They expect to see New Zealand production down 1-2% for the 16/17 season, the second negative growth season, but with improved pasture conditions in recent times and a milk payout allowing most producers get back to profitability, they see an improvement in output into the new 17/18 season.

Australian production, they say, is headed for a 21 year low, down 8.2% for the first seven months of the season, and this calendar year started in the same vein, with a 10% fall back in February milk production.

Australian agri-economic bureau Abares, however, forecasts the first rise in milk production in years from next season.  They predict a 2% recovery in 2017–18, assuming average seasonal conditions. Herd numbers should recover by 1%, reflecting forecast milk price uplifts.
Milk production is projected to rise consistently to around 9.6 b litres by 2021/22 (from 8.9b litres in 16/17). This is based on the expected recovery of the dairy herd and improvement in milk yields.

Rabobank, in its Q1 Dairy Quarterly report for 2017, sums up their 2017 forecast as follows: “Global levels of milk production continue to fall.  The rate of decline is decreasing, but the levels of export surpluses from the big 7 dairy exporters are unlikely to increase until the second half of 2017”.

US exports to be reckoned with

We have known for some time that the US is now a competitor to be reckoned with on the world market.

In the last 9 months, US exports increased 14% (15% in December), or 18% once adjusted for leap year.

152,856t of product overall were exported, with SMP(NDM) up 26% to 52,000t.  Shipments to Mexico increased 38% to 25,500t.

EU and NZ exporters have had to contend with the US as a major competitor on the market place, and this has contributed to keeping the lid on SMP prices.

Source: USDEC

Demand: China to remain dependent on imports

It is important not to lose sight of the fact that balance between supply and demand has tightened considerably since the middle of 2016, and even some output growth in the second half does not have to mean a further destabilisation of prices.  However, much depends on how demand evolves at the same time.

The first, positive element is the fact that China has been back actively purchasing dairy products for some months now.

In 2016, Chinese dairy imports increased by 20% in volume.  While there was some fall back in January 2017 compared to January 2016, they were back on their increasing curve by February (see right).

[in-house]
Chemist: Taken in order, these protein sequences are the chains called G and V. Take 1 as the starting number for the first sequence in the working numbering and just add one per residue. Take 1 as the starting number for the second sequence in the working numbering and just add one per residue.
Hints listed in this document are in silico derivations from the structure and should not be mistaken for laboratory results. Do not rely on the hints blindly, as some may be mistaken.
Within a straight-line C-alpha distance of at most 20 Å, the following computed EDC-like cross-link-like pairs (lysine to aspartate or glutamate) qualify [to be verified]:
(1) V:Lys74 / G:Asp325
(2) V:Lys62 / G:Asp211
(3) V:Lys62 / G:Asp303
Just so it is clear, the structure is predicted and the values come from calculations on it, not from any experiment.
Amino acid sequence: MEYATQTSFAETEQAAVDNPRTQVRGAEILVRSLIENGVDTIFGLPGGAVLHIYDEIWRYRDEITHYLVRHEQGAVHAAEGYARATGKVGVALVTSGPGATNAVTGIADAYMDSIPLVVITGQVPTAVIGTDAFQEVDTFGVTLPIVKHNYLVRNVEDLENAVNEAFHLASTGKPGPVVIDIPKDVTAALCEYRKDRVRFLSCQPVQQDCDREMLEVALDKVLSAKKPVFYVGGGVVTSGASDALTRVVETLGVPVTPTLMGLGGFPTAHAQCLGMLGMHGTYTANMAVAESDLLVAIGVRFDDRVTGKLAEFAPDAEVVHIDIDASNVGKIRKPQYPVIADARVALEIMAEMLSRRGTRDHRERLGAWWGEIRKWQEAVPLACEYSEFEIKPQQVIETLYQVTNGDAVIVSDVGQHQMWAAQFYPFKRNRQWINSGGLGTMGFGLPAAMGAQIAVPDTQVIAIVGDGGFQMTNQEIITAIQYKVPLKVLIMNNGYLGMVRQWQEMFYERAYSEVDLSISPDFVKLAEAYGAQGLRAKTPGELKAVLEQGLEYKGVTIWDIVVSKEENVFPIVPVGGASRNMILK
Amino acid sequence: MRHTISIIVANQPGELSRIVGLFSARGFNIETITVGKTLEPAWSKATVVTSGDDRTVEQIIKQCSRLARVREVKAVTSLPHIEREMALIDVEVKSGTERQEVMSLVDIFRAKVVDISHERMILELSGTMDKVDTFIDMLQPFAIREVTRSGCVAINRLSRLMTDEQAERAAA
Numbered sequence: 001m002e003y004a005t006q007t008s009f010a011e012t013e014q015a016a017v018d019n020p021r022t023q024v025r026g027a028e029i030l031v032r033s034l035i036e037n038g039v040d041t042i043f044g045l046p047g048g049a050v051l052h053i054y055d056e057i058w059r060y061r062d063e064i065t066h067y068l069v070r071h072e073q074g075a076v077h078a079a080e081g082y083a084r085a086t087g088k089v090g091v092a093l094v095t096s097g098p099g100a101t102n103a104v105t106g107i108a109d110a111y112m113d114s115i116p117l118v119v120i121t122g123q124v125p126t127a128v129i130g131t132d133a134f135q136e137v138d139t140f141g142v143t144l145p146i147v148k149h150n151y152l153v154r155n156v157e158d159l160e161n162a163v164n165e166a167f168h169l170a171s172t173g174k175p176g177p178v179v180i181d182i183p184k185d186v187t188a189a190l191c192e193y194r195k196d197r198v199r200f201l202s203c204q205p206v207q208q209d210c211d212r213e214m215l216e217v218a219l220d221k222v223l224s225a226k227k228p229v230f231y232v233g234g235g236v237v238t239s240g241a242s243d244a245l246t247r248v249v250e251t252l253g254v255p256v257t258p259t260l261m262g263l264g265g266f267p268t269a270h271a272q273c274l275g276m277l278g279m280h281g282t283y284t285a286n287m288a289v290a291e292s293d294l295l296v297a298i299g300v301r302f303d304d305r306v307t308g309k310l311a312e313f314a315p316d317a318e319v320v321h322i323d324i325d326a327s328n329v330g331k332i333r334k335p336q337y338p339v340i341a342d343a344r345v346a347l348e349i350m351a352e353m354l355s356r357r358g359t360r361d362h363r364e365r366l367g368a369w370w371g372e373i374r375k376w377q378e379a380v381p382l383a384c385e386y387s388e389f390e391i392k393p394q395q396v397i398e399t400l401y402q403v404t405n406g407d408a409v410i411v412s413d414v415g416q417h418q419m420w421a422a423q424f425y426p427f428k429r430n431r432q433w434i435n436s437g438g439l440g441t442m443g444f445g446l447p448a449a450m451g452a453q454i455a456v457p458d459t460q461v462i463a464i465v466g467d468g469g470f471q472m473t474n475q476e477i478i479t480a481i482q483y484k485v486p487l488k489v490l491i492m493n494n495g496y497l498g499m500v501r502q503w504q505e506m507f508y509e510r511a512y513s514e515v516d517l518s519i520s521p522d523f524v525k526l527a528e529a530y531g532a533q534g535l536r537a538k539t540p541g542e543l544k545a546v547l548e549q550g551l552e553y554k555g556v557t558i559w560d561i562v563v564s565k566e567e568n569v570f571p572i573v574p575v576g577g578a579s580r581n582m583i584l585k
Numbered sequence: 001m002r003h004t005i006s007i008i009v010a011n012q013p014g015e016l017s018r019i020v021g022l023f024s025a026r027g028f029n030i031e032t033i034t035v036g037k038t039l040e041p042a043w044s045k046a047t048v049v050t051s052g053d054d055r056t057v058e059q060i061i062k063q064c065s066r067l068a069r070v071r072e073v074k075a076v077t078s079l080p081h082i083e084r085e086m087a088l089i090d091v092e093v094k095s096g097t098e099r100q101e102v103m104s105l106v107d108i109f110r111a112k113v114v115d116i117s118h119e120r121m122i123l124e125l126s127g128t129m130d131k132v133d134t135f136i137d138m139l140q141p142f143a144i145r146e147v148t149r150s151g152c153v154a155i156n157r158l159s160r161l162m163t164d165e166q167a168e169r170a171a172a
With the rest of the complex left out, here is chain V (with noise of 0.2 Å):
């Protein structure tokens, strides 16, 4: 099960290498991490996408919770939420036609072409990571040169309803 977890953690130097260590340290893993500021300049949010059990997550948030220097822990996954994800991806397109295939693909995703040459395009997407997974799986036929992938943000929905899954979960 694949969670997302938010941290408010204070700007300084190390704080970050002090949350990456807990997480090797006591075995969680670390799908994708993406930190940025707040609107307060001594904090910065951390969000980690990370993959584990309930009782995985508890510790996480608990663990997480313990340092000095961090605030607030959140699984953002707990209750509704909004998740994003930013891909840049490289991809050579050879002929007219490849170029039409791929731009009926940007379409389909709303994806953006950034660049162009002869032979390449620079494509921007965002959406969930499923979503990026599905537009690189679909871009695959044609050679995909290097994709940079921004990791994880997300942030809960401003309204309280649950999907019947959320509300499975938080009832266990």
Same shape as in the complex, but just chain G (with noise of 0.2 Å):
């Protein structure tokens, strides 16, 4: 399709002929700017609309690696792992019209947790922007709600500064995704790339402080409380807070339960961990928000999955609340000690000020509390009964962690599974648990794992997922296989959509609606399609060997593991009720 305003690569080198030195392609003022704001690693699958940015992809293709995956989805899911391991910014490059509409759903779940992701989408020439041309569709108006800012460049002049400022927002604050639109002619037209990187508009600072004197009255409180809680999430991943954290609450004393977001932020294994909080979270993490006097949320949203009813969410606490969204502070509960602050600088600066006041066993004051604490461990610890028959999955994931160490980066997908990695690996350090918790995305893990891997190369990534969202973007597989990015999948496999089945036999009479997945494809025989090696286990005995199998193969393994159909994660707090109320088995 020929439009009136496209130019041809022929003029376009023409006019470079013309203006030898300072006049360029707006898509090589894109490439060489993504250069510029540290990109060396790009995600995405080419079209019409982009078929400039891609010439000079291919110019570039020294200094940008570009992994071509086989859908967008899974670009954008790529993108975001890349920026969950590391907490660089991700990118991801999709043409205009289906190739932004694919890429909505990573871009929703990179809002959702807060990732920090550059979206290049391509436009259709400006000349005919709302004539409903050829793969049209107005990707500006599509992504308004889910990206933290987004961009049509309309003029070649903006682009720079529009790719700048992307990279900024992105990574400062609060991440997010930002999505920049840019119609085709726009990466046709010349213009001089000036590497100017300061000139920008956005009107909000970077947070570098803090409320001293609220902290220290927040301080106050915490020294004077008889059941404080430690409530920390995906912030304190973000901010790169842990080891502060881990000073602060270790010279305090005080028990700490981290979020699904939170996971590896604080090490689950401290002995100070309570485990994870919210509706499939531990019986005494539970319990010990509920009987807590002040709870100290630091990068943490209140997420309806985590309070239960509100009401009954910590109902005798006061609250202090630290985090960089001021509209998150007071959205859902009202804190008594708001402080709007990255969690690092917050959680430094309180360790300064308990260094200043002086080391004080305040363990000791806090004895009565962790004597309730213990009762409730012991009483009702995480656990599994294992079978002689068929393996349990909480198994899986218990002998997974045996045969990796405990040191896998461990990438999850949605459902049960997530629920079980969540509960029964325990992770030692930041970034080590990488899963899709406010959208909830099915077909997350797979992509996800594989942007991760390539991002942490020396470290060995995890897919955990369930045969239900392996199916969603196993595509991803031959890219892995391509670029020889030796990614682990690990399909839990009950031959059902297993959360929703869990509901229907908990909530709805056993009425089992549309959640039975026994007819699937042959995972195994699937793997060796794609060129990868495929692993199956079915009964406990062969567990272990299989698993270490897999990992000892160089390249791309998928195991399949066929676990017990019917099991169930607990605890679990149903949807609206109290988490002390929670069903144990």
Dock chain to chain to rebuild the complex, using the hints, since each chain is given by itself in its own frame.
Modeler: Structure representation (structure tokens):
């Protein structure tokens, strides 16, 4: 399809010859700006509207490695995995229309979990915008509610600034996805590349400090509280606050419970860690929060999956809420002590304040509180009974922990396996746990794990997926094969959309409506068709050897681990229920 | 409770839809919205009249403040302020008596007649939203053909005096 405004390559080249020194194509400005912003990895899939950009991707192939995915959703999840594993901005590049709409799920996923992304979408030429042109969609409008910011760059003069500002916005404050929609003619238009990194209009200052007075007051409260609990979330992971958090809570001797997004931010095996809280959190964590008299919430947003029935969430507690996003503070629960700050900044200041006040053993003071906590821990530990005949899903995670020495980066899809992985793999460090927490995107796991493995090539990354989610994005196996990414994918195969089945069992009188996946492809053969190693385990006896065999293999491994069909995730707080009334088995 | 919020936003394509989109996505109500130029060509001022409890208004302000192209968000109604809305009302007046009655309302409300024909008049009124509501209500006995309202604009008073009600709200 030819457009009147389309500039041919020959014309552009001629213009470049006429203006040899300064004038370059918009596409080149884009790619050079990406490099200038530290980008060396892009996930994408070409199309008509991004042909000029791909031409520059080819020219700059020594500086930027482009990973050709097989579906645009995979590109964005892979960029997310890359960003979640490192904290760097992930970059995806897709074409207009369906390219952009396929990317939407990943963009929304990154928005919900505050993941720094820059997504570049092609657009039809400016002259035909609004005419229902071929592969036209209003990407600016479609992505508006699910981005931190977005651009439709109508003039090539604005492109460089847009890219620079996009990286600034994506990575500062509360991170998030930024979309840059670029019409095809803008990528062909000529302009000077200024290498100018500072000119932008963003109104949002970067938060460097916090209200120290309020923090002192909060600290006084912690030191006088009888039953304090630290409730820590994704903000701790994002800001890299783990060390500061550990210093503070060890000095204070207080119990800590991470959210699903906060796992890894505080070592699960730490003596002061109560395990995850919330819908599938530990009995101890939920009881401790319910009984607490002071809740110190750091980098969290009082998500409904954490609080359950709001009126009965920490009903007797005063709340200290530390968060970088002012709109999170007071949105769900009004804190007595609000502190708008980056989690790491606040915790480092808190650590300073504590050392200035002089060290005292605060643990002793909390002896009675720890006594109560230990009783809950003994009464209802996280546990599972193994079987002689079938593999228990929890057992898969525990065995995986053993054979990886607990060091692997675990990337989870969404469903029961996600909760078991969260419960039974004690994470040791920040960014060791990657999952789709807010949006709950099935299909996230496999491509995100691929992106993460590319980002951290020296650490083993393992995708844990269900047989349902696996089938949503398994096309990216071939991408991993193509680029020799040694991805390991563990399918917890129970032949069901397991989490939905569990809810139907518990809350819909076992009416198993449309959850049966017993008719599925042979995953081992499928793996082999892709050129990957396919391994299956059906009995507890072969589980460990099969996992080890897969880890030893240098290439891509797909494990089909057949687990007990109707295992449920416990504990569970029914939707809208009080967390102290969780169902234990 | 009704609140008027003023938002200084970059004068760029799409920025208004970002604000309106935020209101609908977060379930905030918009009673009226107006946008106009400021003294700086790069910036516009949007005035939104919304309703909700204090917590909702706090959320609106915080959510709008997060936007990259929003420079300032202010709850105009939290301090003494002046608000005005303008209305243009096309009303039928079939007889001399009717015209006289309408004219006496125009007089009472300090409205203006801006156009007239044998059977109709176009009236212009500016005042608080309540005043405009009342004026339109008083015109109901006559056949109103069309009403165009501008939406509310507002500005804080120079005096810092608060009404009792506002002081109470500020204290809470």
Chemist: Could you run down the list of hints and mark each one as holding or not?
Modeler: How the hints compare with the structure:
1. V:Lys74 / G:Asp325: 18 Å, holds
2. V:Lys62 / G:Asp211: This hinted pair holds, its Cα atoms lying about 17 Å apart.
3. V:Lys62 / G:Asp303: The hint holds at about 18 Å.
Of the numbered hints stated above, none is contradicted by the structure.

Normally, the free trade arrangements between New Zealand and China involve much of the import quotas being filled in the first month of the year, so there had been much pessimistic reading of the low January figures.  Wrongly so, as it turns out.

In their March 2017 China Food and Agribusiness monthly report, Rabobank predicts continued increases in dairy imports for 2017, up 20% in liquid milk equivalent for the year.  This is based on their analysis of the relative cost of production and processing of locally produced milk into WMP versus the cost of purchasing imported product (imported product remains cheaper).  It is also based on their assessment of Chinese dairy stocks, which they believe to be at a significant low, so that satisfying even the somewhat decreasing domestic demand will simply require increasing imports.

Source: CLAL

Another interesting development in recent weeks is the emergence of Mexico, a sizeable global dairy importer, as a customer for EU product.  While the country normally supplies its needs from the US, it recently purchased at least 2,000t of SMP from EU traders, with reports of more trade in the pipeline.  Doubtless, the current political climate is helping with this.

Algeria is another major importer, which manages imports through state run tenders.  In January 2017, it purchased over three times the amount of WMP from EU traders which it purchased in its January 2016 tenders – 6,200 t versus under 2,000t last year.  It also bought 50% more SMP, with a purchase of 14,000t which returns it to 2014 and 2015 levels.

The outlook for long term demand growth also remains positive, especially in emerging and populous countries in SE Asia and parts of the Middle East – the latter especially in Iran after the end of the sanctions just over a year ago.